Thursday, January 27, 2011

All for some more eyeballs

Wikileaks and its founder Julian Assange stirred the world with its uncovering of startling US war documents in Iraq and leaking classified embassy dispatches. Wikileaks successfully launched attacks on the US and the powers-that-be with impunity wielding technology, media and ambiguity in international laws and relations. It was an expose of American war crimes and its increasingly denigrating international policies with fundamental facts shrouded in secrecy even from its own people who are essentially the only ones in any condition to do anything about stopping the mayhem we are all otherwise headed for.

Wikileaks has done what Bin Laden and numerous other anti-American terror networks have been trying to do all this while; expose American pretension for what it is. Only with more success, while endearing itself to millions across the world. It has come in for much praise from all corners for giving a voice to the harrowing experiences wrought upon people by those in power who have thus far been virtually untouchable, even by the barrels of guns. It has also been rightly admired for being able to free information from the grips of despots, empowering people in the process.
Wikileaks has been able to reveal more guarded information in the few years of existence than the all the media outlets put together have ever done. Its inception marks a watershed in the evolution of the media, generally believed to be the keeper of national conscience by simply keepings the leaders honest.
However, given the sheer irresponsibilities by way of dishing out some rather unsavory details, which at times simply ignored humane consequences, the website has caused more than just a few raised eyebrows. It has divided mankind into irreconcilable camps. On the one hand, there are those who champion freedom and are willing to go the distance to achieve it. At the other end of the spectrum, there are those for whom a little discretion goes a long way in keeping themselves and their adherents afloat. Of course, there are always those who couldn’t care less about what happens as long as they are spared. Then there are the plain ignorants too.
Forget the last two categories, that would be quite to their liking. The first category passionately purports that the end justifies the means in defending the unwitting causalities left in the wake of an uncensored exposure of information by the promoters of wikileaks. The whole is greater than the sum of its parts, or so they will have us believe. Anything is better than groveling in the darkness brought on by the guardian of our own making. It would indeed be a tragedy to die wondering what struck us.
The opposition is just as vehement. Secrets, especially of the state, must at times remain under wraps in the safekeeping of guardians whom we help put in place. Secrets kept well in good faith is what keeps the world from being thrown into chaos. There is no reason why everybody should be privy to every facet of governmental decision making as long as they come out right in the end. The small talks and the bullshits behind the scene is their business alone.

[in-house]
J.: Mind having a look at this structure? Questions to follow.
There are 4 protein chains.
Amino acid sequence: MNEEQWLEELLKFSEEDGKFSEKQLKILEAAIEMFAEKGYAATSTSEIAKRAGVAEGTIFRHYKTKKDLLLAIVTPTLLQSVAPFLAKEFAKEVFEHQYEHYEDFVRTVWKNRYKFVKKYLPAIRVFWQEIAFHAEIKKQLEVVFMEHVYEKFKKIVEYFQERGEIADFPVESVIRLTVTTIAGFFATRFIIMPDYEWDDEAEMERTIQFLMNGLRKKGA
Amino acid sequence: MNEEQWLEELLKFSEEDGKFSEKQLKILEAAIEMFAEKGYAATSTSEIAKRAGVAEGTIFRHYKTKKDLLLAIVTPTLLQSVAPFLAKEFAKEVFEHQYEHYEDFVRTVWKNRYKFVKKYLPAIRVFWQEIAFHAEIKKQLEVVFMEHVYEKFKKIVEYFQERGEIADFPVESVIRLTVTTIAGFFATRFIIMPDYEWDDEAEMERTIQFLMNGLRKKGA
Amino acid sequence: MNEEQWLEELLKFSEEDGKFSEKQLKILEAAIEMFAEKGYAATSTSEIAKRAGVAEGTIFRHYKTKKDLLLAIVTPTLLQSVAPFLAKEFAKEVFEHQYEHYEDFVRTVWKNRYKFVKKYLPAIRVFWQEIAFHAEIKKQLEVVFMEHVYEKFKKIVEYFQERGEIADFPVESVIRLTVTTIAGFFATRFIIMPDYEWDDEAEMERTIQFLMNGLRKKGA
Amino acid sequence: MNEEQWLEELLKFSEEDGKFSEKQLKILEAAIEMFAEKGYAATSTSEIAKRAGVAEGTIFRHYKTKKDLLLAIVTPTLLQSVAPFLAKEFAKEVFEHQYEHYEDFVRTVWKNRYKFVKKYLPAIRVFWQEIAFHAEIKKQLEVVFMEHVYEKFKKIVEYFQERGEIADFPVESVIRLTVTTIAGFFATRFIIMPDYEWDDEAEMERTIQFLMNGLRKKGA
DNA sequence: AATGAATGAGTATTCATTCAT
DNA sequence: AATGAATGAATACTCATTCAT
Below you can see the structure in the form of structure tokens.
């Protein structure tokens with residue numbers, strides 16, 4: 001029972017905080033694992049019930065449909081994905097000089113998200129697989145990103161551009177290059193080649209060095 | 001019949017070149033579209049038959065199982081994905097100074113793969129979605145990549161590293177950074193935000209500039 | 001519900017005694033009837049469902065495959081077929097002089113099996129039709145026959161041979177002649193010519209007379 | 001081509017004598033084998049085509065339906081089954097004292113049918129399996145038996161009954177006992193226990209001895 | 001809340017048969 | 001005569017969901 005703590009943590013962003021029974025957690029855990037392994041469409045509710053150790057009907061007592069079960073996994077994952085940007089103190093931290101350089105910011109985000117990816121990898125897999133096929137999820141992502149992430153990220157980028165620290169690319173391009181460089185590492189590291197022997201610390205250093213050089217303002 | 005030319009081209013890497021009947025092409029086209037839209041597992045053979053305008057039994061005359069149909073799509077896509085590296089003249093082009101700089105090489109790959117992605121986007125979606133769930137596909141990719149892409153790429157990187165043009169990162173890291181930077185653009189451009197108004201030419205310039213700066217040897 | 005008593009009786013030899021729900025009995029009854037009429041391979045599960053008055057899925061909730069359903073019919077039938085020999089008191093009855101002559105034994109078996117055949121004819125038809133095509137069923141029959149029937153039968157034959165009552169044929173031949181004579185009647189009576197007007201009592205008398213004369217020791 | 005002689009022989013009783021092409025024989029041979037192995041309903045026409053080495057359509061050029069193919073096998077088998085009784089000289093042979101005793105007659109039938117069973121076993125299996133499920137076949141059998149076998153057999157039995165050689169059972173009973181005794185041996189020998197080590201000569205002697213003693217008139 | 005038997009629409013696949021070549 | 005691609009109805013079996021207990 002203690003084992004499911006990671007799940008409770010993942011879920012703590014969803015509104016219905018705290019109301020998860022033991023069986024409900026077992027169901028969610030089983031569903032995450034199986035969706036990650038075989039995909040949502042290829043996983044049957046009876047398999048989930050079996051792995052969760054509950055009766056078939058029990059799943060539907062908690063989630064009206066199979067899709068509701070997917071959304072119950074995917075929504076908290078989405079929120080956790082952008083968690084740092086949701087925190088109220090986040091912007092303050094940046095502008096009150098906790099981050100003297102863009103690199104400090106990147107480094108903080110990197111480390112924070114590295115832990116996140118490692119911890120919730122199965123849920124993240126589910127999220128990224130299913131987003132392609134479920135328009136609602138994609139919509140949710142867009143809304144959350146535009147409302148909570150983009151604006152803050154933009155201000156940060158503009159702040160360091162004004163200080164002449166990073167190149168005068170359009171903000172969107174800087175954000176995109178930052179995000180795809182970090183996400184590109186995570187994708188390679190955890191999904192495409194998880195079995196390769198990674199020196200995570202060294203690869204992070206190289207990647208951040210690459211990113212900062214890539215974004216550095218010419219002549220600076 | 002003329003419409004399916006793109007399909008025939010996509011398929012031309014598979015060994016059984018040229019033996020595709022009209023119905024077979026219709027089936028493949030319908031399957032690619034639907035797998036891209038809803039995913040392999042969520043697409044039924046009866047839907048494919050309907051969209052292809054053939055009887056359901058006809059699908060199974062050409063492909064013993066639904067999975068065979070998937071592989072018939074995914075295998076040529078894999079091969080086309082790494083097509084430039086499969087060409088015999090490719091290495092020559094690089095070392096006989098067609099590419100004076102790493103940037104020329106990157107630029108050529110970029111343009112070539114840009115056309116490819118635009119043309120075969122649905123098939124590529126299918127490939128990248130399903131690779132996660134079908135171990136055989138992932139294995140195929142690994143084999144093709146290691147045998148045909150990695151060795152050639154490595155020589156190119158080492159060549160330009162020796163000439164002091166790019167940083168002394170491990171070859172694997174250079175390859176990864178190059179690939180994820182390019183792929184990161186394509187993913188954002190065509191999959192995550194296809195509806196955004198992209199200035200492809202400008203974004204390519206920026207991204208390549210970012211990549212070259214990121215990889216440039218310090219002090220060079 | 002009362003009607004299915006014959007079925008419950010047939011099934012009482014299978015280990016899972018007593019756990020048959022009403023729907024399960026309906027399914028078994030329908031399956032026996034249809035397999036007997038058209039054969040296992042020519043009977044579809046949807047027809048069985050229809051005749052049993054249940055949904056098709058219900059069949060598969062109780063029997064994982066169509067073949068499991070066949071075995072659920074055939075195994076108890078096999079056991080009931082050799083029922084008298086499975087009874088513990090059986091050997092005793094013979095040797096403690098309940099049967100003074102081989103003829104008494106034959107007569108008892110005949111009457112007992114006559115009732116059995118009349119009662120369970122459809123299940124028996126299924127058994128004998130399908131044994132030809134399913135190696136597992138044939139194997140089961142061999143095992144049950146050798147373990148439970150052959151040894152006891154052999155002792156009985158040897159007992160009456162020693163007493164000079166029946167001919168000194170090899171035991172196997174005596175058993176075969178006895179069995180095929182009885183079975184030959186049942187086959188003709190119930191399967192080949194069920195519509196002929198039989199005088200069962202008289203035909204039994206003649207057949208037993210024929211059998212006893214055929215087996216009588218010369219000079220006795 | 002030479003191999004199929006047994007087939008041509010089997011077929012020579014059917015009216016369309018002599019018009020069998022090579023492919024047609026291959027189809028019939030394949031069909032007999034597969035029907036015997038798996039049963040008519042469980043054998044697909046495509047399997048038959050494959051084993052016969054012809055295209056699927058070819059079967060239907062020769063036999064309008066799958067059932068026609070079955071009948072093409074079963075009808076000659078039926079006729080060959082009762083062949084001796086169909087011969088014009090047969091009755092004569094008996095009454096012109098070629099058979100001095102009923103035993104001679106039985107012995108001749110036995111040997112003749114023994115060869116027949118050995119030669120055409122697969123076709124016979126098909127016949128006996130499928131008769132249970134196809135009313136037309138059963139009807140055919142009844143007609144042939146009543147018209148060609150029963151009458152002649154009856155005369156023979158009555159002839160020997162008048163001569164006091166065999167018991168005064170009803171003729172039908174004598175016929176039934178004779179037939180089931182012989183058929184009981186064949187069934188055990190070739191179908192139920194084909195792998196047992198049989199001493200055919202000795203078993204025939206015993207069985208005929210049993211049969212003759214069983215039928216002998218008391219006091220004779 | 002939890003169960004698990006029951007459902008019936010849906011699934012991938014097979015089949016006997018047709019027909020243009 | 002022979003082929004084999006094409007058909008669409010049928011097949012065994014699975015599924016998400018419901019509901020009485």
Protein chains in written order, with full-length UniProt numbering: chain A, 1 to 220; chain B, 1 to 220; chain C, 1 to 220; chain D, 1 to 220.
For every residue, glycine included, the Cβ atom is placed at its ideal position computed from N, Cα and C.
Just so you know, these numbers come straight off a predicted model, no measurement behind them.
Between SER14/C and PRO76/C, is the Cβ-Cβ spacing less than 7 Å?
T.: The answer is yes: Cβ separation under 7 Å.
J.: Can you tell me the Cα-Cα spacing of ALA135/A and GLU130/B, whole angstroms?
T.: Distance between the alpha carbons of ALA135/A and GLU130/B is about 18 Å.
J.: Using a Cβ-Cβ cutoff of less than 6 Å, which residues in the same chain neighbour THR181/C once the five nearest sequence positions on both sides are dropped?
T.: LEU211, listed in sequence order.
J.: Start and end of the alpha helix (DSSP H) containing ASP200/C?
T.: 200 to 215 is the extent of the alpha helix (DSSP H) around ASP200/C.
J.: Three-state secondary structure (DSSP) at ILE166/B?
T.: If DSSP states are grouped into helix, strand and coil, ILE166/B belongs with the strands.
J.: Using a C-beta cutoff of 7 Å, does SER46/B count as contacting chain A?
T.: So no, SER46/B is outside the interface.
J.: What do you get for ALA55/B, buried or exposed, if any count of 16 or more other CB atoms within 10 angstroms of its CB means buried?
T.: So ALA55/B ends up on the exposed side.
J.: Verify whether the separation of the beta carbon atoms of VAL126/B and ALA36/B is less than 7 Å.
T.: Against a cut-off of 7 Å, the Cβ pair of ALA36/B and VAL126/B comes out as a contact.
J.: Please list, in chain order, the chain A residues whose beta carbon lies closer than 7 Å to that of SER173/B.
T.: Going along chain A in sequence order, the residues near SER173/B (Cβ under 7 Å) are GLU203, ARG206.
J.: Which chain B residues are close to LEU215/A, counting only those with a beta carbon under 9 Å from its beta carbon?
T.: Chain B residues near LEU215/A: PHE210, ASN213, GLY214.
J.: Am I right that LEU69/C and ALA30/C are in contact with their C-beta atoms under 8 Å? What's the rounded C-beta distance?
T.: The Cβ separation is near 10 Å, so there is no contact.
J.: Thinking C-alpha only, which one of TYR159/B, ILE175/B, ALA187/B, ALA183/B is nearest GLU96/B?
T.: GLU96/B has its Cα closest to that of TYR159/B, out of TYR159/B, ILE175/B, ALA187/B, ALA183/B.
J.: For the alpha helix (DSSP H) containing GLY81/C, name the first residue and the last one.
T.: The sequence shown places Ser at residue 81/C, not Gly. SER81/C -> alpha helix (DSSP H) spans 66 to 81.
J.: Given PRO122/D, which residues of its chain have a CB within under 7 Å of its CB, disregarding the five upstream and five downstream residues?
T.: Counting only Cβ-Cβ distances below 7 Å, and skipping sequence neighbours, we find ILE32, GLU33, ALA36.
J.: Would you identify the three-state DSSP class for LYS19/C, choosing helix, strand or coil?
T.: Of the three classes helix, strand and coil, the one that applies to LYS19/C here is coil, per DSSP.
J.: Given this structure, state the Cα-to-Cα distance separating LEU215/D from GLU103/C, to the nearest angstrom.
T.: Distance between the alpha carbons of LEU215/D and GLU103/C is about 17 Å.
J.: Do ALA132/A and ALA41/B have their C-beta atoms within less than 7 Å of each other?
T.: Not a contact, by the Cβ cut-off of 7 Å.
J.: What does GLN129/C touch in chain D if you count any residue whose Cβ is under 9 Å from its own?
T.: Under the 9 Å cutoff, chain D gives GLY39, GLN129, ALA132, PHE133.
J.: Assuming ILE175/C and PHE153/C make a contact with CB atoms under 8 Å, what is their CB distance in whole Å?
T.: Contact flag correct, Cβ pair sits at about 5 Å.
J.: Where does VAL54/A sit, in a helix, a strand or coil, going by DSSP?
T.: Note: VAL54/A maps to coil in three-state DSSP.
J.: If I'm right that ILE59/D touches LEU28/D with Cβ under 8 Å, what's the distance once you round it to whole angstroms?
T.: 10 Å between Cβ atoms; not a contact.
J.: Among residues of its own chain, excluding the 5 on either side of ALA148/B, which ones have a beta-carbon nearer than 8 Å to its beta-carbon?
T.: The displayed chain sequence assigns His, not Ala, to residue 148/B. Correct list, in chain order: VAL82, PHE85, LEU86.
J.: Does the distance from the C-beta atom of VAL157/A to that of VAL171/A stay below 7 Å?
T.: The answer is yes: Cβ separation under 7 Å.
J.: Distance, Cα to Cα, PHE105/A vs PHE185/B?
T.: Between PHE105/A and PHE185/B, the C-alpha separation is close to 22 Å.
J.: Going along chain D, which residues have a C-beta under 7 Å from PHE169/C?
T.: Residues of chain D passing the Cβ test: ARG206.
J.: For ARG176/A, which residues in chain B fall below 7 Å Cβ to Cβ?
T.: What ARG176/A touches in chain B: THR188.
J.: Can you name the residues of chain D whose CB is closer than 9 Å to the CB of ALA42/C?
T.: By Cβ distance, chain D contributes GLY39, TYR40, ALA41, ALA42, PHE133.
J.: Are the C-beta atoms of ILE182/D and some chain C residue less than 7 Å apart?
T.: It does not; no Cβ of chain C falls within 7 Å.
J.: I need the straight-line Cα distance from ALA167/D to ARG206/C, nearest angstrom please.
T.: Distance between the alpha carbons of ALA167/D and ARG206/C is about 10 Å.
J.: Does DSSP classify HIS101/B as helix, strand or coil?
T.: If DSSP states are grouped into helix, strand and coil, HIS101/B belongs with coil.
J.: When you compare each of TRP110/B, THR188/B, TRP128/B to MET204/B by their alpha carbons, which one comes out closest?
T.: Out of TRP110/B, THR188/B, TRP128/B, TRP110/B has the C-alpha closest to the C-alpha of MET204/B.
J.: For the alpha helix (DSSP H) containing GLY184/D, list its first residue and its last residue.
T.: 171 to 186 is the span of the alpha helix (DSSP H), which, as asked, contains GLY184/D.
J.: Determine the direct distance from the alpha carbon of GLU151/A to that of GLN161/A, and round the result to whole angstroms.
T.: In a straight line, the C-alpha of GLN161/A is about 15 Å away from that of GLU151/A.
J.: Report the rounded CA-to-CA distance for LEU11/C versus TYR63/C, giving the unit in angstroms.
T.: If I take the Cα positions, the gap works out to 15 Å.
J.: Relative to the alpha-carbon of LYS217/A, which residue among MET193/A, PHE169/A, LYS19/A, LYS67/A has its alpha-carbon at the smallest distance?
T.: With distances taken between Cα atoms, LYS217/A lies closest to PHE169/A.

The state is the expression of our ability to come and work together for a common cause. It is an endorsement of our collective vision and the resultant strength. As such, it befits us to do our bits and let grow the organization of our making and faith.
Sadly though, this is hardly what the recent emergence of the voyeuristic, irresponsible and sometimes unscrupulous journalism seems to suggest. Carried too far, it seems rather like the press is bent on creating demons where there are none. To maximize eyeballs, TRP as they are called in media parlance, reporters become criminals they are out to uncover. From eaves dropping on private conversation to becoming unwitting partners in crime, they do it all. This clearly isn’t a stretch. A rather sensationalist Indian news reporter put many lives on line by reporting “from the scene” (as she has the knack to call it) of a country at war on one occasion and a rescue operation mounted against enemy combatants holding vulnerable hostages on another. Live television footages beamed into the people's living rooms and their conspirators intelligent cells in a show of absolute poor taste. When a rather innocuous blogger put on record her enemy-informant role, she did the state, that is to say that she threatened to drag him to the court when infact subsequent investigations found that unrestrained media coverage were used by the militants to get around security moves and locate soft targets; on not one, but both occasions. Her ratings though predictably went through the roof and so did the hits on her web. There would be no naming and shaming here. I know better. So much for our freedom of thought, speech and the other such exulted niceties.